When my friend April suggested buying a sign and putting it up, I hedged. I hedged but wasn’t sure why. It took me some days and a movie to realize that I was looking in the wrong directions for an authentic explanation for my discomfort.
My first hunch was that this gesture would feel too self-congratulatory, putting a sign up that is. I felt I had more work to do before I could begin to celebrate in the recent mass and vast movement throughout a good portion of the world that, after the gruesome death of George Floyd at the hands of police, had become so forceful a presence.
I had been planning to re-watch “I am not your Negro” whose words and content were those of James Baldwin who had been commissioned to work on a script about three black giants who were killed, Medgar Evans, Martin Luther King Jr. and Malcom X. While I watched this film for my fourth time and took notes, I realized my reasons were right here.
I am not new to the core philosophy expanded upon in the film. It is the core also of my own work as a psychotherapist, and of my writing. It centers on our needing to begin to see, to bear and to own our own experiences and our own emotions. To own them so we can integrate them and tame them, so we can bear to also take in the external facts of a matter without relying on the projection of our unwanted emotions onto “the other” whom we come to demonize and blame for everything.
The film is riveting as it is deep. The footage is haunting, because of the brutality we have witnessed, if we are looking, toward people of color, from the 1960’s to today, and of course earlier on as well. Baldwin saw the white culture we have inherited as diseased, as sick and as in some ways dead, empty, as sad. Baldwin, in his critique, throws on its head the notion that black people ought to conform to what white people have created or that they ought to idealize our cowboy heritage of violence and domination as just one example.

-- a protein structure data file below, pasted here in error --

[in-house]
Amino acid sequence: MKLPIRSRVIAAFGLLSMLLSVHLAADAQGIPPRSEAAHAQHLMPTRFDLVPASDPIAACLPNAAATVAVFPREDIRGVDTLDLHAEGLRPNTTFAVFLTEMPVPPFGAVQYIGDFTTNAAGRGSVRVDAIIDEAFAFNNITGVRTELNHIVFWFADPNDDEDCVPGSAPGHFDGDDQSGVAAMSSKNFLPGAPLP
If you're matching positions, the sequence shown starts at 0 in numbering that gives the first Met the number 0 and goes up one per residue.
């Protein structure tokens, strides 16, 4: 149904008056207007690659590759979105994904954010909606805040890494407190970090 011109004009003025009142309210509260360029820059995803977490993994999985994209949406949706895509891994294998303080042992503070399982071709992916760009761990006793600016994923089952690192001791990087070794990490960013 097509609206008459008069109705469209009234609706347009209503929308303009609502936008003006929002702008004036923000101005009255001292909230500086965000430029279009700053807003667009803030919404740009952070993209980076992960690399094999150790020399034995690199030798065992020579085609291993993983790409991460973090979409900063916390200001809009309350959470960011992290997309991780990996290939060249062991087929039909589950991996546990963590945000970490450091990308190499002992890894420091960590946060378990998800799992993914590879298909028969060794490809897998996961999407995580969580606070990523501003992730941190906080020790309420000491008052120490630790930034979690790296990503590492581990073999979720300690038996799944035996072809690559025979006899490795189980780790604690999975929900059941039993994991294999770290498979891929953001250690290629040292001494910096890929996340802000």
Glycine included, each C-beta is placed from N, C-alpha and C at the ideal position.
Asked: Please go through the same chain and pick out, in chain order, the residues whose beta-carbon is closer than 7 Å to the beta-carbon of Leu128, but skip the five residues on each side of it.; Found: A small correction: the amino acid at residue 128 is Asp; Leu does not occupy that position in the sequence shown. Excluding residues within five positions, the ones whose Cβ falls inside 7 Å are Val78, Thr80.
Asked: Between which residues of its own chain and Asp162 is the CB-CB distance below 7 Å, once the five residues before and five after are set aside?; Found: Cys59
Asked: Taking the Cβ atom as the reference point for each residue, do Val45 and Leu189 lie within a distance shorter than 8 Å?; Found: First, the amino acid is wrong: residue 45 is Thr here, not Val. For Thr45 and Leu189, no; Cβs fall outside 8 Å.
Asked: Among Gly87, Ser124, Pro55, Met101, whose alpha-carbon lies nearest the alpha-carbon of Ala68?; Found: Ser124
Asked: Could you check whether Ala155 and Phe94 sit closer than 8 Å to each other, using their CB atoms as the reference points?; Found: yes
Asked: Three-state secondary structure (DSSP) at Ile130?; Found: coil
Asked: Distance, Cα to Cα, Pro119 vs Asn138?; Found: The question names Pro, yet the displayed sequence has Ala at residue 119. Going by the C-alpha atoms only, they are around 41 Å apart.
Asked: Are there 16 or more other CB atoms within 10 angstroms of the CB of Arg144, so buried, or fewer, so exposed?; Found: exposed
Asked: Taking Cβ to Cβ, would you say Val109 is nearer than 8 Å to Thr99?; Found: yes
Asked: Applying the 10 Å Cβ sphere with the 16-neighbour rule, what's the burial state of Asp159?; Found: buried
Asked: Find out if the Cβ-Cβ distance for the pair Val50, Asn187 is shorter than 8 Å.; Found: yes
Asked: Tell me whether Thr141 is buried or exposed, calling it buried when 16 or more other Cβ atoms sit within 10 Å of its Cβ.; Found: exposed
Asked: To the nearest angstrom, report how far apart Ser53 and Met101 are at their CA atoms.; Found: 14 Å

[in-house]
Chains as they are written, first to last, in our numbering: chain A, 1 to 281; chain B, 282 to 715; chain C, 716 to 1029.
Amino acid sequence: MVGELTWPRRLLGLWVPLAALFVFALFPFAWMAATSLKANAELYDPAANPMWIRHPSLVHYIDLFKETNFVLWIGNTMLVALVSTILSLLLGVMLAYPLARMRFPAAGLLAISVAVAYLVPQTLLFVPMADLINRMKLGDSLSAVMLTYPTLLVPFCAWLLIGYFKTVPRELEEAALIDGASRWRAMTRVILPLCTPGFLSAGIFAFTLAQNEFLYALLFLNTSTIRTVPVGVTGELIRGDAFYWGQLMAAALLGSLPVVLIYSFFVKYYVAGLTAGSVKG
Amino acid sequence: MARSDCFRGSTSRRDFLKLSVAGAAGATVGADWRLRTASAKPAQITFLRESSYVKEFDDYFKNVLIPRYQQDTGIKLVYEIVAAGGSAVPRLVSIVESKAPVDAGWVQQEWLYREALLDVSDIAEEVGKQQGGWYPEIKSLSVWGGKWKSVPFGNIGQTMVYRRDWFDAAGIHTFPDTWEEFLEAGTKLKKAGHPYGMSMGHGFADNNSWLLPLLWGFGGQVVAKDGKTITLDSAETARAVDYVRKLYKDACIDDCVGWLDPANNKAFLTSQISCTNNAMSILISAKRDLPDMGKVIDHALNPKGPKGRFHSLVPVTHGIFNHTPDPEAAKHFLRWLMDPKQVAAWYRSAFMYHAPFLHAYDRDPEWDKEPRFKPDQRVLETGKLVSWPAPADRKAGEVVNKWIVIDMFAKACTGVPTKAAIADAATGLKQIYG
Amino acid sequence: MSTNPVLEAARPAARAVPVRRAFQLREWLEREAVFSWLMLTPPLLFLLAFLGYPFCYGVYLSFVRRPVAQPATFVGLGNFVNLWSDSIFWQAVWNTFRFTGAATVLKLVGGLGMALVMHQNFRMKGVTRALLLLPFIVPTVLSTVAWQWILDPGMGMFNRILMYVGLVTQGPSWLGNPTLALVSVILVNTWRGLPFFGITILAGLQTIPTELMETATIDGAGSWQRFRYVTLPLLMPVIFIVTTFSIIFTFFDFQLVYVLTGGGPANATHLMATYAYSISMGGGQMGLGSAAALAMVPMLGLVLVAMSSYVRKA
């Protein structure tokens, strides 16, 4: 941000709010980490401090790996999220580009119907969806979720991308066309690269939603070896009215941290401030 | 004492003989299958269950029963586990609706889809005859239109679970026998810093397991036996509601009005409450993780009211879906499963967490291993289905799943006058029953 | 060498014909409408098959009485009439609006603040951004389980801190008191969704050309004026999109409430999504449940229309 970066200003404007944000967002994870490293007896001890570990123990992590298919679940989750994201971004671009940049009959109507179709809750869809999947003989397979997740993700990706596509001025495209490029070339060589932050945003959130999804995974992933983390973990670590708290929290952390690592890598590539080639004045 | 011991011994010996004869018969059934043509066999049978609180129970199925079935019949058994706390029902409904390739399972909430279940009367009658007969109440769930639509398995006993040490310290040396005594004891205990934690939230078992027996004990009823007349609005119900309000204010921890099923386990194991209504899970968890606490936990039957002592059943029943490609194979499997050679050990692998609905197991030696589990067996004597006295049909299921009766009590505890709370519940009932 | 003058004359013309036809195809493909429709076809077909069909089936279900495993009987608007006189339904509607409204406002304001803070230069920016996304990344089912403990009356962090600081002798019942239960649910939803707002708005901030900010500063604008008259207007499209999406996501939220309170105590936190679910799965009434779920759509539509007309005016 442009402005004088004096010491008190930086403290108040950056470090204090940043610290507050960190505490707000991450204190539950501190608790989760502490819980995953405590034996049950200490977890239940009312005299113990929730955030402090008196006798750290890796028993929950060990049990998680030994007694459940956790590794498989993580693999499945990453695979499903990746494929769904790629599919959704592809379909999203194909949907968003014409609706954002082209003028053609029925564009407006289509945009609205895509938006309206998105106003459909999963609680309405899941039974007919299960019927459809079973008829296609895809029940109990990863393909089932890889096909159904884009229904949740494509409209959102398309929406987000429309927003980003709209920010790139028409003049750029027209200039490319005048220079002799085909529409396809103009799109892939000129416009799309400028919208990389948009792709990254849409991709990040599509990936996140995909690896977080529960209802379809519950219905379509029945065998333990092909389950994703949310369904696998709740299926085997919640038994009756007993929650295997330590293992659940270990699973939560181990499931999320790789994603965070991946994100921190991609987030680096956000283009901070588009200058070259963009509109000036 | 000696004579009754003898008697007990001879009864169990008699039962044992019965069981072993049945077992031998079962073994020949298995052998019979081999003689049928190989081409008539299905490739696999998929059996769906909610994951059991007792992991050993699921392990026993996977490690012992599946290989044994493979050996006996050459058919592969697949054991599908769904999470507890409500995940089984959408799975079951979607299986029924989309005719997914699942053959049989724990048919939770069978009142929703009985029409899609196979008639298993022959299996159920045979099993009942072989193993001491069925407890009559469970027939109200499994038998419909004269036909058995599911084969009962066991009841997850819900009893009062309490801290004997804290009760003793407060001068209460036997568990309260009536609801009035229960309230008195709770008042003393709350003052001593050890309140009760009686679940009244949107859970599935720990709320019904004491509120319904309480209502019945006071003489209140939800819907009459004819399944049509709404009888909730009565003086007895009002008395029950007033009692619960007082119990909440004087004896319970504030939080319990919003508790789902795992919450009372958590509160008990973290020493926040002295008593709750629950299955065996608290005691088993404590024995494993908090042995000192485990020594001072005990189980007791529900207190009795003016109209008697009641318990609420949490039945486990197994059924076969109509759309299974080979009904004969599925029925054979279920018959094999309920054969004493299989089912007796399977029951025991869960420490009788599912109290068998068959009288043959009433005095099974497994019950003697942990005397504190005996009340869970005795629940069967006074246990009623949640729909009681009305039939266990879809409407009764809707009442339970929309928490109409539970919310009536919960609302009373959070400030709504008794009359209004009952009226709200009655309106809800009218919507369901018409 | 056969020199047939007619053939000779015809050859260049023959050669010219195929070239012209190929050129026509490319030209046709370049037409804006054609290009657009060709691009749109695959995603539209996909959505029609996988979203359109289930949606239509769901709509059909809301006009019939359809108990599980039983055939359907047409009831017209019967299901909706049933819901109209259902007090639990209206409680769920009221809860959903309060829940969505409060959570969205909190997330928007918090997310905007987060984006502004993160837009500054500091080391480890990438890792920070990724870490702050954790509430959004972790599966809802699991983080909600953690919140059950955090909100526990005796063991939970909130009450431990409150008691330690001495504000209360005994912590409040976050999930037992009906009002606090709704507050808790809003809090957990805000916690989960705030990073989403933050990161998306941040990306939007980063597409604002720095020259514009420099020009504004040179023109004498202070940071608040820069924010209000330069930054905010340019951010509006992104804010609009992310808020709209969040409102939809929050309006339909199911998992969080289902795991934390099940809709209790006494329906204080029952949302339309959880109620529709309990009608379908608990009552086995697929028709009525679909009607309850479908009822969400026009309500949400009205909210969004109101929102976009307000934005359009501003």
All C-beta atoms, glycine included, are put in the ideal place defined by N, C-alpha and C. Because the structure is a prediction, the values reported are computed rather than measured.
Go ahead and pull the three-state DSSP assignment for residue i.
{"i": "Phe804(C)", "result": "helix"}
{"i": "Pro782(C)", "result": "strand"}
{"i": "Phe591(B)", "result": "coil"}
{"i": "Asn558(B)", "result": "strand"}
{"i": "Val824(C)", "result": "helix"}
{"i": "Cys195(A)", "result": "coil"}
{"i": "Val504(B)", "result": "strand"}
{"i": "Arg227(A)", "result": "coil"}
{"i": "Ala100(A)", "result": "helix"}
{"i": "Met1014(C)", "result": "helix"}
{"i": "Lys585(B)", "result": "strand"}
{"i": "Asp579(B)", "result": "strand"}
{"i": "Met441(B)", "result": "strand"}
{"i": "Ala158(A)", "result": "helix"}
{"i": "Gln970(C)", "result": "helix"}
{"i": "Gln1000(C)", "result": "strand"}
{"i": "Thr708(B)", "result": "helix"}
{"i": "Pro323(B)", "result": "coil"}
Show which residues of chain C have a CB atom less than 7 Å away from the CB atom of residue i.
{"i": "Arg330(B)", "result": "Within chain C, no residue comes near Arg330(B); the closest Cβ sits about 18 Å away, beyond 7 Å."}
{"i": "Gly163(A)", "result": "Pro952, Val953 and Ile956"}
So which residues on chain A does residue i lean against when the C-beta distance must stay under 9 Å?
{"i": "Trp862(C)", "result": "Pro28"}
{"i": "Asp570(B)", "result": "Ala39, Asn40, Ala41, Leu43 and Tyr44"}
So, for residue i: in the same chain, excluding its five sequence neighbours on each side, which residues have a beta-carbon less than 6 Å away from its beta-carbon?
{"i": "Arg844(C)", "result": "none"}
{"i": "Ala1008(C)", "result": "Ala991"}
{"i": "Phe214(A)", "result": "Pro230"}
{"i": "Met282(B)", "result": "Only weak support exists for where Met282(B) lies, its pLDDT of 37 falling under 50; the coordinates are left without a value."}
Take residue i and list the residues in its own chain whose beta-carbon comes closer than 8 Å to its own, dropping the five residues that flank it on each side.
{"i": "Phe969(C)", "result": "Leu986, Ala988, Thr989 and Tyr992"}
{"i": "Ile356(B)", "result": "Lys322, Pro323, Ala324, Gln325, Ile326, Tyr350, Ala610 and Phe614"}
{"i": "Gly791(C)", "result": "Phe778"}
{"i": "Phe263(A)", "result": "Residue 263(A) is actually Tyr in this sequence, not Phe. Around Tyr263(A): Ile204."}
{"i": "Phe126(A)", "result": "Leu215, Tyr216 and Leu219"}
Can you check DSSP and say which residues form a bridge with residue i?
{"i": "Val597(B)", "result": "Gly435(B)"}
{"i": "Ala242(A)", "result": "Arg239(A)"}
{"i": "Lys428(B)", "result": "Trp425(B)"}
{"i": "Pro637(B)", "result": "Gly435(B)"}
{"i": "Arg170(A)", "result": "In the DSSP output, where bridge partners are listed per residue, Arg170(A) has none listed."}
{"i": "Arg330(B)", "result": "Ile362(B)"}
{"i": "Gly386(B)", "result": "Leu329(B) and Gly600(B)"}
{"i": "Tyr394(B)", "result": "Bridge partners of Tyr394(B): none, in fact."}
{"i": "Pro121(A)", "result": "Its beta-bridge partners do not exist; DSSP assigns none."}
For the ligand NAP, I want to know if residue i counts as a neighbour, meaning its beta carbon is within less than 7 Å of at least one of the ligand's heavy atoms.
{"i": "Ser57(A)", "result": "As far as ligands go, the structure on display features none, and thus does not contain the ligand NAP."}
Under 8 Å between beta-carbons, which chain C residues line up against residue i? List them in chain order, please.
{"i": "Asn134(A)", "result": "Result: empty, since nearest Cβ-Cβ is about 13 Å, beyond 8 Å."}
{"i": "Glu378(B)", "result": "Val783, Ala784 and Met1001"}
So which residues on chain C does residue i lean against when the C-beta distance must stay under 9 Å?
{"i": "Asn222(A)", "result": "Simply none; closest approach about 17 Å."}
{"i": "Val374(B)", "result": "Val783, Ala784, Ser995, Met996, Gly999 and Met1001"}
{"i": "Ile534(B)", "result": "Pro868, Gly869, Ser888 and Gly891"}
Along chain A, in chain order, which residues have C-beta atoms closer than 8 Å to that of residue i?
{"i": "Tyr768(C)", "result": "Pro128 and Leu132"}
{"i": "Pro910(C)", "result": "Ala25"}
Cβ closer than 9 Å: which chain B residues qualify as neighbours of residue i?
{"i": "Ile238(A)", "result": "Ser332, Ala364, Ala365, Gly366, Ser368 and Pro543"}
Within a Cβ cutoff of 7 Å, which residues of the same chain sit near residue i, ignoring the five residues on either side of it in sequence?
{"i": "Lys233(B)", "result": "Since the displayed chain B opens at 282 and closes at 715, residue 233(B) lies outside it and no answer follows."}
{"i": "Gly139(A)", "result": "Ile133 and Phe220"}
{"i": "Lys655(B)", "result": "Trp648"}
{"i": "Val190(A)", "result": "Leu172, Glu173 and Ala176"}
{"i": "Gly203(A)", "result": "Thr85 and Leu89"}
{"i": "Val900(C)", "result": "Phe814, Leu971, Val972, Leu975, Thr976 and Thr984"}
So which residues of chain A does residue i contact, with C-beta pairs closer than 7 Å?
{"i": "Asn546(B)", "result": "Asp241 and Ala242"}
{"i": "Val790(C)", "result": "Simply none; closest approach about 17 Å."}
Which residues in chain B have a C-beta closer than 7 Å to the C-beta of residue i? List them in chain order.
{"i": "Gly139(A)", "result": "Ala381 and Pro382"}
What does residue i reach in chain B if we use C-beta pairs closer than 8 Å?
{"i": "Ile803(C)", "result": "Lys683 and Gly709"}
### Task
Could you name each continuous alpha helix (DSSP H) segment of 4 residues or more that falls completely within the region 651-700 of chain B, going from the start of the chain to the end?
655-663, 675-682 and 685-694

The center, the punch of the film arrives in the delivery of another deeper truth, namely that white people have needed the “Nigger” as the projection of things they could not stand, that they feared. The theme of fear is all over the movie. In light of the American illness of an insisted upon exceptionalism, rendered even more absurd in the context of Covid19 and American’s pitiful response full of grandiosity and denial to the result of vast devastation and danger, it is vital as it is painful to hear him speak. To hear him say that we, white America invented the “Negro problem” so as to safeguard the notion of white purity.
Baldwin’s words come, again, as follows: “Brother has murdered brother, knowing it was his brother. It is not a racial problem. It’s about whether you can look at your problem and do what you need to do to change it”. He said, so profoundly, “Not everything that is faced can be changed. But nothing can be changed until it is faced.”
At such a delicate time in our history, I conjure up Carl Jung. I conjure up his work on the shadow that says that unless we own up to our own lusts and violence, to our tenderness and fears, we are destined to blame and hate and demonize. For James Baldwin, unless we, and here he speaks of white America, reckon with our own fears of things inside us, we will need a scapegoat. We will create the bad in our mind’s eye, not because the bad exists, but because our fragile ego and insides need something and someone to make the enemy.